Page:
Greensboro Police Foundation works to boost police department

By Todd Cohen

GREENSBORO, N.C. — Thanks to the Greensboro Police Foundation, the Greensboro Police Department is a lot closer to becoming the first major police department in the U.S. to equip its entire patrol division with cameras that officers wear on their bodies to capture exactly what they see.

After the Police Department earlier this year used nearly $150,000 from a federal stimulus grant to buy 125 cameras for half its patrol division, the Police Foundation this spring launched a campaign to buy cameras for the rest of the division.

The camera campaign by the Foundation, which was formed in 2012 to raise money for the Department, now has raised $115,000 from businesses, foundations and individuals, says Frank Mascia, president of the Foundation and president of the Guilford Battleground Company, a group that supports Guilford Courthouse National Military Park.

Gifts to the Foundation include $25,000 from CPI Security, a Charlotte-based company that installs alarm systems for residences and businesses, $15,000 from Cone Health System, $10,000 from Lorillard and $25,000 over five years from Oliver Lloyd, president of real estate developer LivLaur and a member of the Foundation’s board of directors.

The mission of the Foundation is to boost Greensboro’s economy by promoting public safety through support of the Police Department, says Mascia, former CEO of Physicians Health Plan and then president and CEO in the Carolinas for United Healthcare after it acquired the managed care plan in 1996.

The Foundation grew out of a conversation Mascia had in March 2011 with Greensboro Police Chief Ken Miller.

The Foundation initially raised $25,000 to establish a memorial fund the Department uses to buy and send flowers when officers’ family members die; to hold quarterly recognition luncheons for police officers; and to support the use of billboards to help the Department recruit minorities.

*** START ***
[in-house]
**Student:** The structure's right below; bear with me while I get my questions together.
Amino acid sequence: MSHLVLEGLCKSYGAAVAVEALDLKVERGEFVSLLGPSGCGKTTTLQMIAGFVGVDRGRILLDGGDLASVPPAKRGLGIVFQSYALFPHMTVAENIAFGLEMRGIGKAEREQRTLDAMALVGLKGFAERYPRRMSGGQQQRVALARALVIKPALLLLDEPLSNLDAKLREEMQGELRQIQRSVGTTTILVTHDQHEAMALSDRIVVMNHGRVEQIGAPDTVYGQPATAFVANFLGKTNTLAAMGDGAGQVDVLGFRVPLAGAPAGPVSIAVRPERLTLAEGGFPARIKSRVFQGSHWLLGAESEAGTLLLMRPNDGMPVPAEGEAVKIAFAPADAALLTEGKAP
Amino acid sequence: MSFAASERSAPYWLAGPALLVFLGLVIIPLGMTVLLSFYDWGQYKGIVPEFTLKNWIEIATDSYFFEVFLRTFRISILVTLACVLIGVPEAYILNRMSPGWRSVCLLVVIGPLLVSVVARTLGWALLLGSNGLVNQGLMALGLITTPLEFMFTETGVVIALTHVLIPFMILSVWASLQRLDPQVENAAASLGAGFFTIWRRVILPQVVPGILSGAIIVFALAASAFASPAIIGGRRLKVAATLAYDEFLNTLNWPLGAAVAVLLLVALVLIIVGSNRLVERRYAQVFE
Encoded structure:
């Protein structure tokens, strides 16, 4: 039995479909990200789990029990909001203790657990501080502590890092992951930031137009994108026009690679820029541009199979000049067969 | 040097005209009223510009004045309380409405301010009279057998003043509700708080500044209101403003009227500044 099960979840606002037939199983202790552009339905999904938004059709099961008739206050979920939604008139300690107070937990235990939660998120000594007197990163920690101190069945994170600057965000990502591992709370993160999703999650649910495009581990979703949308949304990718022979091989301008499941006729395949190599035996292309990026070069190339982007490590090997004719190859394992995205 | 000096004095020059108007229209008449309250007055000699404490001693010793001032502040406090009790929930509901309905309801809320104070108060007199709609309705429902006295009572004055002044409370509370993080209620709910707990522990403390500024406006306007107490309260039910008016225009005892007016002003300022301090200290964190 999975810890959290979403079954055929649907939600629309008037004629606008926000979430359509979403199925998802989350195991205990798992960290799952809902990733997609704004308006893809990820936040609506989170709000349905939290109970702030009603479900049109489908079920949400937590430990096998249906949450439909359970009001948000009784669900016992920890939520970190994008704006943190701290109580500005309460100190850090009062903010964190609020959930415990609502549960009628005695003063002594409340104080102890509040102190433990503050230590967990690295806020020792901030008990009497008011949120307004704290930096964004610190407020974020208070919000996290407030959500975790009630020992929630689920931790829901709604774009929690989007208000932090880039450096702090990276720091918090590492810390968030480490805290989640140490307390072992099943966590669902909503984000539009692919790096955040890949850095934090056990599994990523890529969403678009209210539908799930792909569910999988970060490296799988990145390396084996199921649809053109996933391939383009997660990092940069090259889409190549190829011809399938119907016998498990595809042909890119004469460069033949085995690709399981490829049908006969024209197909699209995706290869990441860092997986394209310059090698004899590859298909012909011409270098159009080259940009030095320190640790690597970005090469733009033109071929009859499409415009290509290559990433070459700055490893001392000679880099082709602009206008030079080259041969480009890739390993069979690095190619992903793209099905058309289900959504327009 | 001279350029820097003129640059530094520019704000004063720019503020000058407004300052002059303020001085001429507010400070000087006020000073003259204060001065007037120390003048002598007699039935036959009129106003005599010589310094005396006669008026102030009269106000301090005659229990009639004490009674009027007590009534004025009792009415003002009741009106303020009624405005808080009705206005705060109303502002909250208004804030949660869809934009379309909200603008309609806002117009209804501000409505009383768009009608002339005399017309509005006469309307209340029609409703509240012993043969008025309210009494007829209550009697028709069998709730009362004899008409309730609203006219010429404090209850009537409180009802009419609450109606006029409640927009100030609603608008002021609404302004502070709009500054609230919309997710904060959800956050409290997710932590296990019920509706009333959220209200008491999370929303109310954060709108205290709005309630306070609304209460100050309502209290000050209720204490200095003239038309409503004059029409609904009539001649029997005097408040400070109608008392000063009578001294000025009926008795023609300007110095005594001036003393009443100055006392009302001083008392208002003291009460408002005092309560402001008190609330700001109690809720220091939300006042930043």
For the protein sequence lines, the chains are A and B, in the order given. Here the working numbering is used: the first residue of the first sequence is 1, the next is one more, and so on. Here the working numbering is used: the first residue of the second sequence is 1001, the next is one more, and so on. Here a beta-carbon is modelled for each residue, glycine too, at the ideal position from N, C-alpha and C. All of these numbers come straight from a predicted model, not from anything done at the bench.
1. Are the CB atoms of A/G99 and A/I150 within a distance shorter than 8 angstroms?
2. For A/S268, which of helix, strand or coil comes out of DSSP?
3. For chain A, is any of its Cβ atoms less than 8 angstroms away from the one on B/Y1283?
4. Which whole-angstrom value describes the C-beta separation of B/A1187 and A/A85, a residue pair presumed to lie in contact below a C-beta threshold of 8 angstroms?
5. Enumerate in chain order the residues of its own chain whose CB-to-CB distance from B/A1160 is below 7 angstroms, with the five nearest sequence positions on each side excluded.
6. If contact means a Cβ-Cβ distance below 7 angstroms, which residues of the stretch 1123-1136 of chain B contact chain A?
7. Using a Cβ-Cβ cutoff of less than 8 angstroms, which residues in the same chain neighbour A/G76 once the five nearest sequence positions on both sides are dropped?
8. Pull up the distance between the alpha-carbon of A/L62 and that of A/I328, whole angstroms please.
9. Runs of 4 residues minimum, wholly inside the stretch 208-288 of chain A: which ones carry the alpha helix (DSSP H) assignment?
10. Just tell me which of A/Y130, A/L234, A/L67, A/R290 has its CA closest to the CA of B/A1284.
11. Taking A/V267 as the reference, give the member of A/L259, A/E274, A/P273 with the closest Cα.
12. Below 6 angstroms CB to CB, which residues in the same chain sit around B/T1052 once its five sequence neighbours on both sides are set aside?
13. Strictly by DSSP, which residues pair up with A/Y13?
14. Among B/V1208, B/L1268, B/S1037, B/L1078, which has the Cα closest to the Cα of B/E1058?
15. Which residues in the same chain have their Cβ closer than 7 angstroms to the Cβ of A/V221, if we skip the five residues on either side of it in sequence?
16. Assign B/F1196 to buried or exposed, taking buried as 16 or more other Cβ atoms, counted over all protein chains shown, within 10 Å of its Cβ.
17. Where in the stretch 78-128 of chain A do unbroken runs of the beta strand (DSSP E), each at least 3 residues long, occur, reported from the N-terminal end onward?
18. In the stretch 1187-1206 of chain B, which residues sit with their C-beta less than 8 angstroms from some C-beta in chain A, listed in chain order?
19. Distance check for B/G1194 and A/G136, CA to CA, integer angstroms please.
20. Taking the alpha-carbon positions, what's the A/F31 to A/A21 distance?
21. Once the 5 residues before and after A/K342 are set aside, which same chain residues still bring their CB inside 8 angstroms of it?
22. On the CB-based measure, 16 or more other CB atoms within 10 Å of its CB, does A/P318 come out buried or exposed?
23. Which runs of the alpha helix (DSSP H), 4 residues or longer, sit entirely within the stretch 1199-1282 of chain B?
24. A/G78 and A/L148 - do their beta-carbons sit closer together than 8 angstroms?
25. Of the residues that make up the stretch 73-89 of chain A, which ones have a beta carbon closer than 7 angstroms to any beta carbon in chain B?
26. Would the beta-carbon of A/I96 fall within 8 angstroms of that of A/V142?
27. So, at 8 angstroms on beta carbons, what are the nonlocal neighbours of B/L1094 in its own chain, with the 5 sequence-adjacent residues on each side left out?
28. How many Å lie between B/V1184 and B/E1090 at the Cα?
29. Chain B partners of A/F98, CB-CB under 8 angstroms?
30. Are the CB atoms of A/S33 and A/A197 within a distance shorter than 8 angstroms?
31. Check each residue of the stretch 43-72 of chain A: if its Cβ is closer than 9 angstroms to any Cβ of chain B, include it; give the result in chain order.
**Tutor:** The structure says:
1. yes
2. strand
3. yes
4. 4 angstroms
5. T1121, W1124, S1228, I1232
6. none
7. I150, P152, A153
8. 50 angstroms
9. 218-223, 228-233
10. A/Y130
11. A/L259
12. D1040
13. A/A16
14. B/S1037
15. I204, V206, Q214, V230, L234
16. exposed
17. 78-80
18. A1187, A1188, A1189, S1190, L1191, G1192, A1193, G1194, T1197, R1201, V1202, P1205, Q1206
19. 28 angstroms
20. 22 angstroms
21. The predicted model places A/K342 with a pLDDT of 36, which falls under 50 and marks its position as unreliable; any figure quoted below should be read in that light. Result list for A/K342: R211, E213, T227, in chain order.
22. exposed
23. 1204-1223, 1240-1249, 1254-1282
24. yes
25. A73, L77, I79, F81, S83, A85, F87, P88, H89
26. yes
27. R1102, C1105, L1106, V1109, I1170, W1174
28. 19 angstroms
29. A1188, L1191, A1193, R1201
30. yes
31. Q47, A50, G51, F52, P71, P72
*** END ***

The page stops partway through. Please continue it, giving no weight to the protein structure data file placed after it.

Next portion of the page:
Later, with unspent funds remaining from a federal grant the Department had secured to recruit new officers, and with the approval of the federal government, the Department launched its effort to equip the 250 officers in its patrol division with the body-worn cameras.

The cameras are small and lightweight, worn on eyeglasses or epaulets or in other ways, and designed to provide an objective look at what the officers see, serving as an “independent witness” or “third eye”  in addition to statements from the officer, suspect and witnesses, Mascia says.

They also can help reduce meritless complaints, help streamline civil and criminal proceedings, help with officer training, and build community trust through “greater transparency,” he says.

The cameras, already used in some cities, are expected to become standard equipment for police departments, he says.

In addition to the purchase of the cameras and other specialized equipment and technology, the Foundation supports leadership training and development at the Police Department; officer safety, wellness and morale; crime prevention and crime fighting; and community partnerships and advocacy.

The Foundation raised $35,000 from United Healthcare to buy exercise equipment for the new headquarters the Department occupied in April, says Mascia.

Operating with an annual budget of $34,000 and a part-time administrator, the Police Department Foundation aims to raise $200,000 this year through contributions and the sale of Police Department bags, hats, t-shirts and other merchandise on its website.

“We hope to make our city safer,” Mascia says, “by helping our Police Department reach its goal of being a national model of exceptional policing.”

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